After years spent working to reform its super-sized but lackluster state-owned enterprises (SOEs), China has seen positive results: banks, steel makers and other industrial conglomerates now stand among the world’s most profitable companies.
With the domestic economy emerging strongly from the global financial crisis, Beijing sees an opportunity to accelerate SOE reform, creating firms that have a competitive edge on the international stage.
The latest news is that China is close to launching an independent agency with a mandate to restructure and consolidate SOEs that require government assistance to improve their businesses and balance sheets. A draft proposal compiled by the State-owned Assets Supervision and Administration Commission and the Ministry of Finance, has been submitted to the State Council and will likely be approved in the second quarter.
The new entity, dubbed as "CIC 2.0" in reference to China Investment Corp, the country’s sovereign wealth fund, will report to SASAC and have an initial registered capital of about US$6.4 billion. Unlike CIC, which manages the country’s foreign-exchange reserves for overseas investment, CIC 2.0 will focus on consolidating domestic companies and serve as a manager of state assets.
A better comparative would be Central Huijin, an investment agency set up by the central bank in late 2003 to bail out China’s major state-owned lenders ahead of their stock market listings. Central Huijin, which retains large stakes in Industrial and Commercial Bank of China, Bank of China and China Construction Bank, is now owned by CIC.
Given that banking sector reform was largely touted as a success, it’s no surprise that the government wants to replicate the approach in other industries.
CIC 2.0 will likely take over SASAC’s shares in certain SOEs, promote mergers and acquisitions, inject capital into reformed enterprises, and eventually usher the stronger ones towards initial public offerings (IPOs). In this way it will help SASAC meet its pledge to reduce the number of SOEs under its purview from 127 to between 80 and 100 by the end of this year.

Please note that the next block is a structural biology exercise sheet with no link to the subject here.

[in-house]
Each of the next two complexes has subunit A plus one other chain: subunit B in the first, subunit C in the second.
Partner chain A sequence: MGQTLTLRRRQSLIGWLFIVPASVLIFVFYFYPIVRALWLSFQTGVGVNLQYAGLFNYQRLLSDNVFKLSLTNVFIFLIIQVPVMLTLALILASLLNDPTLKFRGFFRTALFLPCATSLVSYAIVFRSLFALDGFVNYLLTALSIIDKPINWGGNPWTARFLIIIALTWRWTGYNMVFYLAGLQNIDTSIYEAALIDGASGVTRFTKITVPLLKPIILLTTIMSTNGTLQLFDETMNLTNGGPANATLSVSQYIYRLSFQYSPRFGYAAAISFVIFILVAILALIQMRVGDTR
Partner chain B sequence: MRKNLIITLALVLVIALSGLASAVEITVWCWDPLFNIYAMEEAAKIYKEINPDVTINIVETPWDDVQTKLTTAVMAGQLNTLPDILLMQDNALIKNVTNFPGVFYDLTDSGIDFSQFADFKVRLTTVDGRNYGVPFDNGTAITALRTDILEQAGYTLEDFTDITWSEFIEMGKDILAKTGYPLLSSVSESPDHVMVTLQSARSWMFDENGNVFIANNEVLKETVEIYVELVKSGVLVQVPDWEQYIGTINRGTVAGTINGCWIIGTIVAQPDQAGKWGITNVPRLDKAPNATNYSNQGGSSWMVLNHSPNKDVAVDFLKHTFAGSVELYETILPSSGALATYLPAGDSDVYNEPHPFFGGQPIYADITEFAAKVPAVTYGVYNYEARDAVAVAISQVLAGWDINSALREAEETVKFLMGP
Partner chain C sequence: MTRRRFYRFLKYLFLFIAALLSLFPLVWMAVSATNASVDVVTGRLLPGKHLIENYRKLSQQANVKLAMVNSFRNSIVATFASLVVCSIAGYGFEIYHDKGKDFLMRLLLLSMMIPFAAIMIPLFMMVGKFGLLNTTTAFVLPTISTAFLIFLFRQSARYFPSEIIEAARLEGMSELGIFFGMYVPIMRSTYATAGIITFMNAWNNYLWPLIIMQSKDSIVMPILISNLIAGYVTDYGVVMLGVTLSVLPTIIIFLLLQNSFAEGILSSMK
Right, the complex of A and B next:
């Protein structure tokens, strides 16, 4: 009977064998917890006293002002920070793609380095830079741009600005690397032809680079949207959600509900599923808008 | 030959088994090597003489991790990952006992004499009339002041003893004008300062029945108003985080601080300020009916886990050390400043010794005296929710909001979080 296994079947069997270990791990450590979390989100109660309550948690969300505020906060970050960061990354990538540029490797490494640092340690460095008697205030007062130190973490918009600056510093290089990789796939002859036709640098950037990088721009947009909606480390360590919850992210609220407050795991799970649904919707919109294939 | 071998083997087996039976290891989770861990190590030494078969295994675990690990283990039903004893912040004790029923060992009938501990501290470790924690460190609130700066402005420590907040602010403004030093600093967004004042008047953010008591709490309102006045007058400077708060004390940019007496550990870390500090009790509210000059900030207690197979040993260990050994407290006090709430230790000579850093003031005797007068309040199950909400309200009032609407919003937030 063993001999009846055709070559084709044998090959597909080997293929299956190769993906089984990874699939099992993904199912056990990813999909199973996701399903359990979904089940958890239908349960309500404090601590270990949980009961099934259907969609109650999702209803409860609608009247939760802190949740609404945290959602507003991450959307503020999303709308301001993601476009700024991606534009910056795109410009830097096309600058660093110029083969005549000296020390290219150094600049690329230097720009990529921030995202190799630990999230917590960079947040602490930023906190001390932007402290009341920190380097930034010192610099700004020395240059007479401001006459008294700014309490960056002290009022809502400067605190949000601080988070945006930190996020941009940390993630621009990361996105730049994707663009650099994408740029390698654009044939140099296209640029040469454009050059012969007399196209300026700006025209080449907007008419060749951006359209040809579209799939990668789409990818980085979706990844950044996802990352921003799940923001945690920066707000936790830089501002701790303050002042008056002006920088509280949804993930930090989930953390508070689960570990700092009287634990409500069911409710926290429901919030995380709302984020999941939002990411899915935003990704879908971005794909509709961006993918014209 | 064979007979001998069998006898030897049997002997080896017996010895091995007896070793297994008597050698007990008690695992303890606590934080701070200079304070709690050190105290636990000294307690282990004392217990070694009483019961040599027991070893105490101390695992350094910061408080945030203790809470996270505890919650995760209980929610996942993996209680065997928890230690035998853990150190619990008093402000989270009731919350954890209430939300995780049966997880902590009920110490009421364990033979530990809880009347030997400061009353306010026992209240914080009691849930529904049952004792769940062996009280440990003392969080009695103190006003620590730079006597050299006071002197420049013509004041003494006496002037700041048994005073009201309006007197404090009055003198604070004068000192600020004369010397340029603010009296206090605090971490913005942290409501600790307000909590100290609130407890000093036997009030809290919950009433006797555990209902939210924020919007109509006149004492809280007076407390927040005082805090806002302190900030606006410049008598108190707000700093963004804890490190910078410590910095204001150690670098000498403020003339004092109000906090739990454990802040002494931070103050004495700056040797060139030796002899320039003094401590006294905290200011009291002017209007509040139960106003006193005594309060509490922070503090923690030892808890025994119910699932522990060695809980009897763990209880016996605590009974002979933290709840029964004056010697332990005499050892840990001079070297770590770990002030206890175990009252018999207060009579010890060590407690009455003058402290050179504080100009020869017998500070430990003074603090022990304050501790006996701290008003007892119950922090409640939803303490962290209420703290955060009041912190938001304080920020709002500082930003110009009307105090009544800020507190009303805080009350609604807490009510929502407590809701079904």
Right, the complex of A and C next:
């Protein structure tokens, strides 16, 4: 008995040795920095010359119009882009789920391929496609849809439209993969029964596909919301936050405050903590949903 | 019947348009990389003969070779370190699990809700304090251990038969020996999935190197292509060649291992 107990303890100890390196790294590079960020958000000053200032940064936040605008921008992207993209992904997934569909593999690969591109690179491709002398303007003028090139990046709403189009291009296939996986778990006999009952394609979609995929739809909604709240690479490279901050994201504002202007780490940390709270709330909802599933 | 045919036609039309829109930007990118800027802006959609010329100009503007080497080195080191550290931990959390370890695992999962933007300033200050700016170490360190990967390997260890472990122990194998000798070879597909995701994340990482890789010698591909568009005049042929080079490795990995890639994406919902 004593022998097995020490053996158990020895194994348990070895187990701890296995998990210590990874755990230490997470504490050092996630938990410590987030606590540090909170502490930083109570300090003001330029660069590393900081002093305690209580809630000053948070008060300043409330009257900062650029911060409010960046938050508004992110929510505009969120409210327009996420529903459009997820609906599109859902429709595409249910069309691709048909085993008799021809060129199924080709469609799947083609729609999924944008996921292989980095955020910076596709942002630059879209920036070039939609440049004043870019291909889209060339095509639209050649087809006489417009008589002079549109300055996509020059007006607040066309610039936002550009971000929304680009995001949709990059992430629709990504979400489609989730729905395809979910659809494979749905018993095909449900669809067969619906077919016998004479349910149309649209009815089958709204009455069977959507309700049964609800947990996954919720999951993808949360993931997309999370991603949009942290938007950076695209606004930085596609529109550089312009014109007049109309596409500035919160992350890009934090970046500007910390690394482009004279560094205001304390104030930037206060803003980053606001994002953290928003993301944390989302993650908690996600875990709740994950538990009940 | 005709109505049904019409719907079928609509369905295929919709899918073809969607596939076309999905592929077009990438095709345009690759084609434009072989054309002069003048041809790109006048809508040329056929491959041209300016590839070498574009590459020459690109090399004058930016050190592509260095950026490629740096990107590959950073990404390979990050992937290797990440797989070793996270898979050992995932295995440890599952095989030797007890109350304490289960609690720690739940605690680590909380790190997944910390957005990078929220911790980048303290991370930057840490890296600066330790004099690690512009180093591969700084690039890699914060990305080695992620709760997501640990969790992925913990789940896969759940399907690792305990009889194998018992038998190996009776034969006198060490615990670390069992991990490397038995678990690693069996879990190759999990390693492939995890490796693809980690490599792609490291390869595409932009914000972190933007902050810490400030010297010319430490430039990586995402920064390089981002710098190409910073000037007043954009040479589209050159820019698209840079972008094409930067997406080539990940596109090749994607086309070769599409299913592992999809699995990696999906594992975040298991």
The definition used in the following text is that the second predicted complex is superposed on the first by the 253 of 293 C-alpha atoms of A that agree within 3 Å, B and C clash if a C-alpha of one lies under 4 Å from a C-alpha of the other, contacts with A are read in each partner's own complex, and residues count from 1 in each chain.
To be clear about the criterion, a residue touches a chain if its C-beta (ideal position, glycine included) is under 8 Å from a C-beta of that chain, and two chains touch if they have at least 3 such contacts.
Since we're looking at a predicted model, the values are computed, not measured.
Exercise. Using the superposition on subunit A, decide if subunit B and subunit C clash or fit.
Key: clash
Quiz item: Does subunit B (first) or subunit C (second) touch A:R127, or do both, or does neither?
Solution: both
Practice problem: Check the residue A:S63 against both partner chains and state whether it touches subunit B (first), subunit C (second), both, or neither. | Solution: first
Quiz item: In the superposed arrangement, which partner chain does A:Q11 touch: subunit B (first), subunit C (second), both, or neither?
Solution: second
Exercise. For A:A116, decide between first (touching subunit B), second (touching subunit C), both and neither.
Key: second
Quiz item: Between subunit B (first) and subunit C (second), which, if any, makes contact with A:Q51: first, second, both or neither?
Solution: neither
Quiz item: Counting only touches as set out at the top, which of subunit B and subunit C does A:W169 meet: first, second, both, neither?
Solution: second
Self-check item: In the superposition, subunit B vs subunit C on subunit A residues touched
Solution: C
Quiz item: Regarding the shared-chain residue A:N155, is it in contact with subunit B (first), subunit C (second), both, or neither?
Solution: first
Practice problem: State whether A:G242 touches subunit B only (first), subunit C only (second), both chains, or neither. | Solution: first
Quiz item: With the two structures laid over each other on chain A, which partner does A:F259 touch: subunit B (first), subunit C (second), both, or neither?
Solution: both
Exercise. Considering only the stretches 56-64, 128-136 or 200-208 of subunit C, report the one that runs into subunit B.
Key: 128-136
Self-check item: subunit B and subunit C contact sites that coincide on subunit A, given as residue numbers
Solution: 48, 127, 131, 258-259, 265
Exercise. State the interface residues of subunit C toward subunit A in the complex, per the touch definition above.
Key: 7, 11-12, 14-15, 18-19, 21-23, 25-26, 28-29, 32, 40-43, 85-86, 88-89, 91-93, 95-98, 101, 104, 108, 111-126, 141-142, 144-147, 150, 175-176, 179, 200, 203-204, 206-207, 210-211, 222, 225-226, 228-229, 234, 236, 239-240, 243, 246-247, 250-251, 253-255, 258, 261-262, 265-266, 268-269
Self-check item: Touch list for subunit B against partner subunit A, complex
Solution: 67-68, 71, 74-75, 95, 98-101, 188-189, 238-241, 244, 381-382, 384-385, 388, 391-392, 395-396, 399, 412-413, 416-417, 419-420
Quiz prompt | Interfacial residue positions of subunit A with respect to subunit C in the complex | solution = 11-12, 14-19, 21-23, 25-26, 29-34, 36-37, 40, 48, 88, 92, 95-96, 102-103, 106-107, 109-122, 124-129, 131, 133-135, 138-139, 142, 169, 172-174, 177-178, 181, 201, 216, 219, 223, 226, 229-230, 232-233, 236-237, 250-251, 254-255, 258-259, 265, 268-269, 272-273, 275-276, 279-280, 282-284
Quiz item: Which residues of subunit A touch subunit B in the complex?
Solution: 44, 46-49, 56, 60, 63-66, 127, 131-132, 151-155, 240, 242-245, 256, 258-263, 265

Packing a raft of smaller SOEs into one holding group is definitely a shortcut for SASAC to meet its consolidation deadline. But the challenge lies in how to rescue these laggards in an effective and efficient way.
In assuming control of SOEs, CIC 2.0 will inherit a legacy of problems, including bureaucratic organizational structures that will need be unwound and managers at all levels who are likely to resist change, whether it involves cutting budgets or adding to workloads. If media reports are correct in saying that CIC 2.0 will have to take over 20 to 30 SOEs in a one-off manner, it simply won’t have enough resources – people or capital – to fix them all.
What’s more, consolidating smaller SOEs may only be the initial test for CIC 2.0. The Chinese authorities expect the agency ultimately to play a bigger role in helping larger state enterprises in key industries revamp their shareholding structures. This could be part of a broader plan to transform these behemoths into truly commercially driven entities with a presence in the capital markets.
Success for CIC 2.0, therefore, will hinge on whether it can managing the sometimes competing interests of different state agencies, and how fast it turn to the market to dispose of state assets.
For foreign investors, including leading players in various industrial sectors as well as buyout funds, CIC 2.0 does not represent good news. Dealmakers have always regarded industrial consolidation in China as a golden opportunity, but they complain about the difficulty of buying stakes in state firms. The creation of a government-backed consolidator is a further obstacle between them and big equity-purchase deals with SOEs, at least temporarily.
The Chinese government placed a premium on foreign capital and expertise when reforming the banks, but times are changing. We are unlikely to see a repeat of the highly lucrative pre-IPO deals secured by the likes of Goldman Sachs and Bank of America. It could be even worse for foreign private equity managers, who are often regarded as sources of now unwanted capital as opposed to sources of management expertise that still has a use.
The opportunities may not have evaporated completely. As CIC 2.0 gets involved in restructuring of non-pivotal SOEs, it will likely be in a position to sell stakes to outside investors. As was seen to be the case with the banks, having a well-recognized foreign face as an investor builds confidence ahead of an IPO, especially in stock markets abroad.
CIC 2.0 will be kept away from companies involved in military manufacturing, power, oil, telecommunications, coal and aviation as these areas are considered vital in national economy. But there is still a swathe of industries – automobiles, construction, steel, electronics, to name but a few – that face overcapacity and excessive investment, and are therefore expected to bear the brunt of the revamp.
Just don’t expect a quick fix.
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